A newly discovered vulnerability in the 4.x Bluetooth wireless standard has been shown to affect cameras that implement full remote control functionality. Demonstrated as viable in proof-of-concept laboratory testing, researchers believe that the exploit has the potential to either physically damage cameras or render them inoperable.
The Bluetooth standard is a wireless technology for data exchange over short distances. While there is some overlap to the Wi-Fi standard, the latter is intended for networking devices while Bluetooth was originally envisaged to replace the connection cable between a computer and a peripheral device. For this reason, Bluetooth is point-to-point, tends to operate over short range and is low power; implementation is also intended to be low cost.
Version 1 of the Bluetooth standard dates to 1999, however it has undergone several iterations over its lifetime to the current version 5 status. These iterations have in part been intended to fix problems from the first release that resulted in interoperability and connectivity problems (something familiar to camera users), as well as the addition of new features.
In particular, researchers in the Department of Electrical Engineering at the Berlin Technical Institute (BTI) have focused upon the Bluetooth 4.1 specification which introduced new mobile wireless service coexistence signaling to minimize interference, accelerate initial handshaking, and allow hand-off between different Bluetooth services connected to a device.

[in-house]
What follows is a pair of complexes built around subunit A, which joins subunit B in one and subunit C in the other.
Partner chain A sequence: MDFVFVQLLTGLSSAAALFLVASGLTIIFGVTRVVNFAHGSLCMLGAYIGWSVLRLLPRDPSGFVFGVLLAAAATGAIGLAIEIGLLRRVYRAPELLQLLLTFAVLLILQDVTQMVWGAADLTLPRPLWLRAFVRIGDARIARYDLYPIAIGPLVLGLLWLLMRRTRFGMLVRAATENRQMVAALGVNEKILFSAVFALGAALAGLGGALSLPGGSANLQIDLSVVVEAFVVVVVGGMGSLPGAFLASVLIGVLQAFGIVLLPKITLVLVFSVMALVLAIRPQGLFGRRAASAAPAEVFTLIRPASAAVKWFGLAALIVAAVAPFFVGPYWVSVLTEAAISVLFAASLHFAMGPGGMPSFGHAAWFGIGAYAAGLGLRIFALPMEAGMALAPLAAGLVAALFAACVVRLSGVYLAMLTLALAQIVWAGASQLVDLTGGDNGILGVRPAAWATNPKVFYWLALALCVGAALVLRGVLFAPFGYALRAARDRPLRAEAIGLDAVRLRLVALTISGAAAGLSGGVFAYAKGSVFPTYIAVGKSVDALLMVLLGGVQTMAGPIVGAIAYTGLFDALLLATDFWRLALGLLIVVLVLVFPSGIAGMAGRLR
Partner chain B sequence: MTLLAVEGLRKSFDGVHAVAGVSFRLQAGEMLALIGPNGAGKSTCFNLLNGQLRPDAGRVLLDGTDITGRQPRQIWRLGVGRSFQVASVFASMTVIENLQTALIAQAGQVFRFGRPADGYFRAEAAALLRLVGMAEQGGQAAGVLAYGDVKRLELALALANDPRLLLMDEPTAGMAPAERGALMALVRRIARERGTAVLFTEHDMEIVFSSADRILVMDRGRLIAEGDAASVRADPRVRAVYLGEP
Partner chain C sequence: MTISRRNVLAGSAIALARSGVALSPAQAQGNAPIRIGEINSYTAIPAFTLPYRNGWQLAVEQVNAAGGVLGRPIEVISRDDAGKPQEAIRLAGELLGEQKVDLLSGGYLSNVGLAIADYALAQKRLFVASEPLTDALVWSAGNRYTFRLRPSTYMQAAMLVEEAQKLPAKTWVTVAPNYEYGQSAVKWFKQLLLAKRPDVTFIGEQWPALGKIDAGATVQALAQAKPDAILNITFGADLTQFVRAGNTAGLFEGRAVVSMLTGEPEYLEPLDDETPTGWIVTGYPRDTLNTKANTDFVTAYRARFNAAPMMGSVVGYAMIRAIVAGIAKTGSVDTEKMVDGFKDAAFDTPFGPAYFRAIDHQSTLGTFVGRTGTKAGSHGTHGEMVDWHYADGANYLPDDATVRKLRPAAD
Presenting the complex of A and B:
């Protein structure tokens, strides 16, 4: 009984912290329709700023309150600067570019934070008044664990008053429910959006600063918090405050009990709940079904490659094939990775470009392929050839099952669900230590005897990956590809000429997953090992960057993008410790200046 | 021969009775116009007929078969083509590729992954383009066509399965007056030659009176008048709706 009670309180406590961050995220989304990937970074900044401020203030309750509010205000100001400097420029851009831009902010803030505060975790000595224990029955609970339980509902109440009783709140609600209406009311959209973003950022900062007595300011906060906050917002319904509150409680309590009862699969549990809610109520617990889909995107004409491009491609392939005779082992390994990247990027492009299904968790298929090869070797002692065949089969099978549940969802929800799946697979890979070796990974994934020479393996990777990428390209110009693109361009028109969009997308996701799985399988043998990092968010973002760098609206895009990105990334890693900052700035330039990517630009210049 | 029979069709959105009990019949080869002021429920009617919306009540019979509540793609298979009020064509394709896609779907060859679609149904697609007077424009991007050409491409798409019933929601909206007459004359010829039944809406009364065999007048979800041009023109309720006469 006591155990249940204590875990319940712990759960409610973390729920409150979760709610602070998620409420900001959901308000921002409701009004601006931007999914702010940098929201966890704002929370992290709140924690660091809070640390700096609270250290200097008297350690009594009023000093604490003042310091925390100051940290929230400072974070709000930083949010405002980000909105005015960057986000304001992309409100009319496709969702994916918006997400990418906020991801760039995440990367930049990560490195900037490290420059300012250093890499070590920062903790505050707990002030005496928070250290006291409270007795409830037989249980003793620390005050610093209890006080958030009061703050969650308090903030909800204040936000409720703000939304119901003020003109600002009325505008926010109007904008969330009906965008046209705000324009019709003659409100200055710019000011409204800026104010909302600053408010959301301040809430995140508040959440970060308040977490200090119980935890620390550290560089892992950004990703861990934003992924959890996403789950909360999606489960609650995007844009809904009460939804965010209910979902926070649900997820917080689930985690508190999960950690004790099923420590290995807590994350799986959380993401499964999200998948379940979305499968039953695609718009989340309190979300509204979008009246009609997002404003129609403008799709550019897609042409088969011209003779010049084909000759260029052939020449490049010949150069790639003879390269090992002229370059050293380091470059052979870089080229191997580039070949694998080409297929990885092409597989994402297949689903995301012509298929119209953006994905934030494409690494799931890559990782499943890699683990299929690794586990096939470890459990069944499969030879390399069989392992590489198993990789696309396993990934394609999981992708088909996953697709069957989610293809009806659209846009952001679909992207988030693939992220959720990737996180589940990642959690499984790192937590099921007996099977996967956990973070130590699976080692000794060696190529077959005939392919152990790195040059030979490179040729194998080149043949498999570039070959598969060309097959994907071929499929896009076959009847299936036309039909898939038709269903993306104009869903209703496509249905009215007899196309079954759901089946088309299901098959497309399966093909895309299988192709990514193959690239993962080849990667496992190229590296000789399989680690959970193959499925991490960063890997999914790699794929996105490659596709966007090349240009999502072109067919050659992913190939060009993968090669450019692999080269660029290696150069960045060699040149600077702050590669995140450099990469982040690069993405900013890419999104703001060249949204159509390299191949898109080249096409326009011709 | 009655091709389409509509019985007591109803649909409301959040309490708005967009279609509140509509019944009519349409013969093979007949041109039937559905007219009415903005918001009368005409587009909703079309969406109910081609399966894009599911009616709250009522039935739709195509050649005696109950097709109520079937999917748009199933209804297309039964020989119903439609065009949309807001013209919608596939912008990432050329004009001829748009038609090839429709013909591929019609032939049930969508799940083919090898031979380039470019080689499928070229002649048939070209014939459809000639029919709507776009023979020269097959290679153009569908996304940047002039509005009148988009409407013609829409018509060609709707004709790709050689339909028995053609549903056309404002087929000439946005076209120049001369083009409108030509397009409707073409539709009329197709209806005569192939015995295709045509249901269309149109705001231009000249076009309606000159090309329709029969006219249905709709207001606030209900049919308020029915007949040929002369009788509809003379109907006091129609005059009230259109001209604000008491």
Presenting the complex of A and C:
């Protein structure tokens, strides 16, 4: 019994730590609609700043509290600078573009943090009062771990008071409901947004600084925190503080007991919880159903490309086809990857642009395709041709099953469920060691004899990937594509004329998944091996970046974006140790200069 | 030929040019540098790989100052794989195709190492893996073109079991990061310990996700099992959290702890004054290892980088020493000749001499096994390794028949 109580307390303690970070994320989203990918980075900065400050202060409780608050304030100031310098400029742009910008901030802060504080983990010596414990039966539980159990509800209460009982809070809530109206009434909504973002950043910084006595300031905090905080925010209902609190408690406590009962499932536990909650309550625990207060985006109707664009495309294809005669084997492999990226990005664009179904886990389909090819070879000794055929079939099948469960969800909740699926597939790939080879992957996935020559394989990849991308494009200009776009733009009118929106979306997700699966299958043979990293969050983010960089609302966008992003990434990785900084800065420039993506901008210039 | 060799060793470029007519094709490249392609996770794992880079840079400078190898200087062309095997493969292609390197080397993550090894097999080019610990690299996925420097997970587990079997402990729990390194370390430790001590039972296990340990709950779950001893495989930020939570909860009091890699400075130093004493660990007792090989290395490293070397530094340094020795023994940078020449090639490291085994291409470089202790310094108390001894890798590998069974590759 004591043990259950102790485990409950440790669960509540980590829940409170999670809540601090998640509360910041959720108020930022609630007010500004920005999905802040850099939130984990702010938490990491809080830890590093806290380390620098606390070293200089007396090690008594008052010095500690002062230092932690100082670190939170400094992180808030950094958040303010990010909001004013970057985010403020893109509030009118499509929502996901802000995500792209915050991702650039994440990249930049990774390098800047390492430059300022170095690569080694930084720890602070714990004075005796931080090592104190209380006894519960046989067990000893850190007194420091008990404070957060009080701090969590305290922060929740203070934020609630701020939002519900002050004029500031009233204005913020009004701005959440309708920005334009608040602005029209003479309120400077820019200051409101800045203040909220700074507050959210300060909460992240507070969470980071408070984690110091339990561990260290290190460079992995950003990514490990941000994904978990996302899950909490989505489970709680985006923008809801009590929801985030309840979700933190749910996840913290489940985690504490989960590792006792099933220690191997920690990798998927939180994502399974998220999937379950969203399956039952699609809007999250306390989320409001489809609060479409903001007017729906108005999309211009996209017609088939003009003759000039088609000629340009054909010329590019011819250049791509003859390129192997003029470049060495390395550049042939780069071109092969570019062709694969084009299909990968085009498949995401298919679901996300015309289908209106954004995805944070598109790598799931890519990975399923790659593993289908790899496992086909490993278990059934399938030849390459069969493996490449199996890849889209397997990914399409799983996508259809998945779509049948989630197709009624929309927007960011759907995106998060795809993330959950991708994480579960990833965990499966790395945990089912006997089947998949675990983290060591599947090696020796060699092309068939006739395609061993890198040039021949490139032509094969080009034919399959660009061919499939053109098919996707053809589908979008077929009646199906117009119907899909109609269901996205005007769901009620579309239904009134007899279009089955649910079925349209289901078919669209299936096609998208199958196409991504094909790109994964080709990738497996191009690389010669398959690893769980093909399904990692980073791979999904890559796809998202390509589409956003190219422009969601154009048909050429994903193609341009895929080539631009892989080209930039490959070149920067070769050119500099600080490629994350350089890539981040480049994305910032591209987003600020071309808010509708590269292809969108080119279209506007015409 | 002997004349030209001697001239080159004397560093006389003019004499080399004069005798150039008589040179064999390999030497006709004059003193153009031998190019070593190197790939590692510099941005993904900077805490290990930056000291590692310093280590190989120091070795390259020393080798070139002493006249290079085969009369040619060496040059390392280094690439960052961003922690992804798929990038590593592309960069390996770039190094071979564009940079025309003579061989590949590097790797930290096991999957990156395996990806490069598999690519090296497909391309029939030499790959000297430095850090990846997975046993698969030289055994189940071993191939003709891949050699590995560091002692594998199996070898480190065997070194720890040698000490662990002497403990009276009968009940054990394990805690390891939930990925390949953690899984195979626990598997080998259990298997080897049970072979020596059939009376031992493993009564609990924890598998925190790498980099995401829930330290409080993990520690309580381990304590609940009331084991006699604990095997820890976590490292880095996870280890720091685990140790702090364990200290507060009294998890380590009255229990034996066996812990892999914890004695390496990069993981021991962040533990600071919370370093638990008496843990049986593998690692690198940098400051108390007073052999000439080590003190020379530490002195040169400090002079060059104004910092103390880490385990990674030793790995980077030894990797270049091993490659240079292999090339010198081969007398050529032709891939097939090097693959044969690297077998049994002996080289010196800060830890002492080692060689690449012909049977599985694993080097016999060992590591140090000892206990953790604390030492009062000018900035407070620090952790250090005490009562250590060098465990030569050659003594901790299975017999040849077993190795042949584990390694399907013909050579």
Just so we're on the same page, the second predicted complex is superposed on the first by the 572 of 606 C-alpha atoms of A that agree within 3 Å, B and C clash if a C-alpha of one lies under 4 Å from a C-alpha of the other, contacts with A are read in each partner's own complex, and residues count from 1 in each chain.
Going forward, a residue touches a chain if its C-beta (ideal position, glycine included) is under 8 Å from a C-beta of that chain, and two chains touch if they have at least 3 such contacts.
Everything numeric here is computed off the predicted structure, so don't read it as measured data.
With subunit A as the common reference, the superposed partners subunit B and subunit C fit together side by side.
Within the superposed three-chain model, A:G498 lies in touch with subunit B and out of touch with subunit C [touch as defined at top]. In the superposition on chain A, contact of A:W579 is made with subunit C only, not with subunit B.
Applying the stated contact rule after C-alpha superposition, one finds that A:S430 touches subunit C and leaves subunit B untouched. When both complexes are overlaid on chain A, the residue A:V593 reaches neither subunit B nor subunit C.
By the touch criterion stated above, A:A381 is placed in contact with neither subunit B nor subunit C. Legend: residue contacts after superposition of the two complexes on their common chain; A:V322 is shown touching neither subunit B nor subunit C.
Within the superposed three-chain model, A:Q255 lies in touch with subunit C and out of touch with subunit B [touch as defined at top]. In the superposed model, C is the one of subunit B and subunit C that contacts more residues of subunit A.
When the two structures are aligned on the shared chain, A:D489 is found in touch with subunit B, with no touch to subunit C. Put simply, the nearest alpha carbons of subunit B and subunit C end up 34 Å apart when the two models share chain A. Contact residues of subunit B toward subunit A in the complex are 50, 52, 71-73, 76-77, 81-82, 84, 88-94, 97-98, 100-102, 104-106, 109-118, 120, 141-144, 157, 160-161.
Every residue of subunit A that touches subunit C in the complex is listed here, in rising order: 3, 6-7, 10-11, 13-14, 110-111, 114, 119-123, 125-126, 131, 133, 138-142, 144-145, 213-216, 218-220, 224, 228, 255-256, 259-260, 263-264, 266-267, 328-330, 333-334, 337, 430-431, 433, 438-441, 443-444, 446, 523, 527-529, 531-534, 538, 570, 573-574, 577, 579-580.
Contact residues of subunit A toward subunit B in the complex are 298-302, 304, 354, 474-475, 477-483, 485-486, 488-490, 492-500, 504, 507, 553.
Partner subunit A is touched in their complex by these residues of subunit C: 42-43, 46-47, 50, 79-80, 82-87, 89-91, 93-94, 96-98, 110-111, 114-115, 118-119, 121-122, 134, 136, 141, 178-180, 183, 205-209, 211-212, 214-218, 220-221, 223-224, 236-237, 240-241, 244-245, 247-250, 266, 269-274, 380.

It is the last of these three adaptations that is open to exploitation on older devices running open source device drivers. Dr. Per Müller at BTI notes that “in an unpatched environment we [can] demonstrate a break in the chain of authentication which allows the execution of unsigned code on the remote device.”
His laboratory has demonstrated the ability to either partially or fully over-write the firmware in a remotely connected camera, altering its functionality or rendering it inoperable.
The exploit has only been demonstrated in an experimental environment and requires a specific suite of conditions in order to occur. Specifically, older camera firmware that has implemented open source Bluetooth drivers adhering to the 4.1 standard, in combination with a device (PC, smartphone, or tablet) that is also running an open source driver stack at 4.0, 4.2, or 4.2.
Dr Müller said that affected camera manufacturers had been informed of the exploit and that updated firmware had already been released by some in order to address the issue. He was unable to confirm which manufacturers had been affected as this could allow cyber criminals to reverse engineer the exploit, however he advised that, as a matter of course, camera firmware should be updated if available. Additionally, keeping smartphones on the latest manufacturer software update would also help mitigate the problem.
Cameras appear to be the latest target in a range of “Internet of Things” malware attacks that have also included garage doors, fridges, security cameras, and alarm systems. Perhaps the most destructive malware are “brickers”, such as Silex, which deletes system software before rebooting it.
Update: Happy April Fools’ Day!
About the author: Syke Mith is an award-winning journalist and photographer based in the UK. Mith covers cameras, photography, technology, and the everything of everything. You can find more of his work on his website.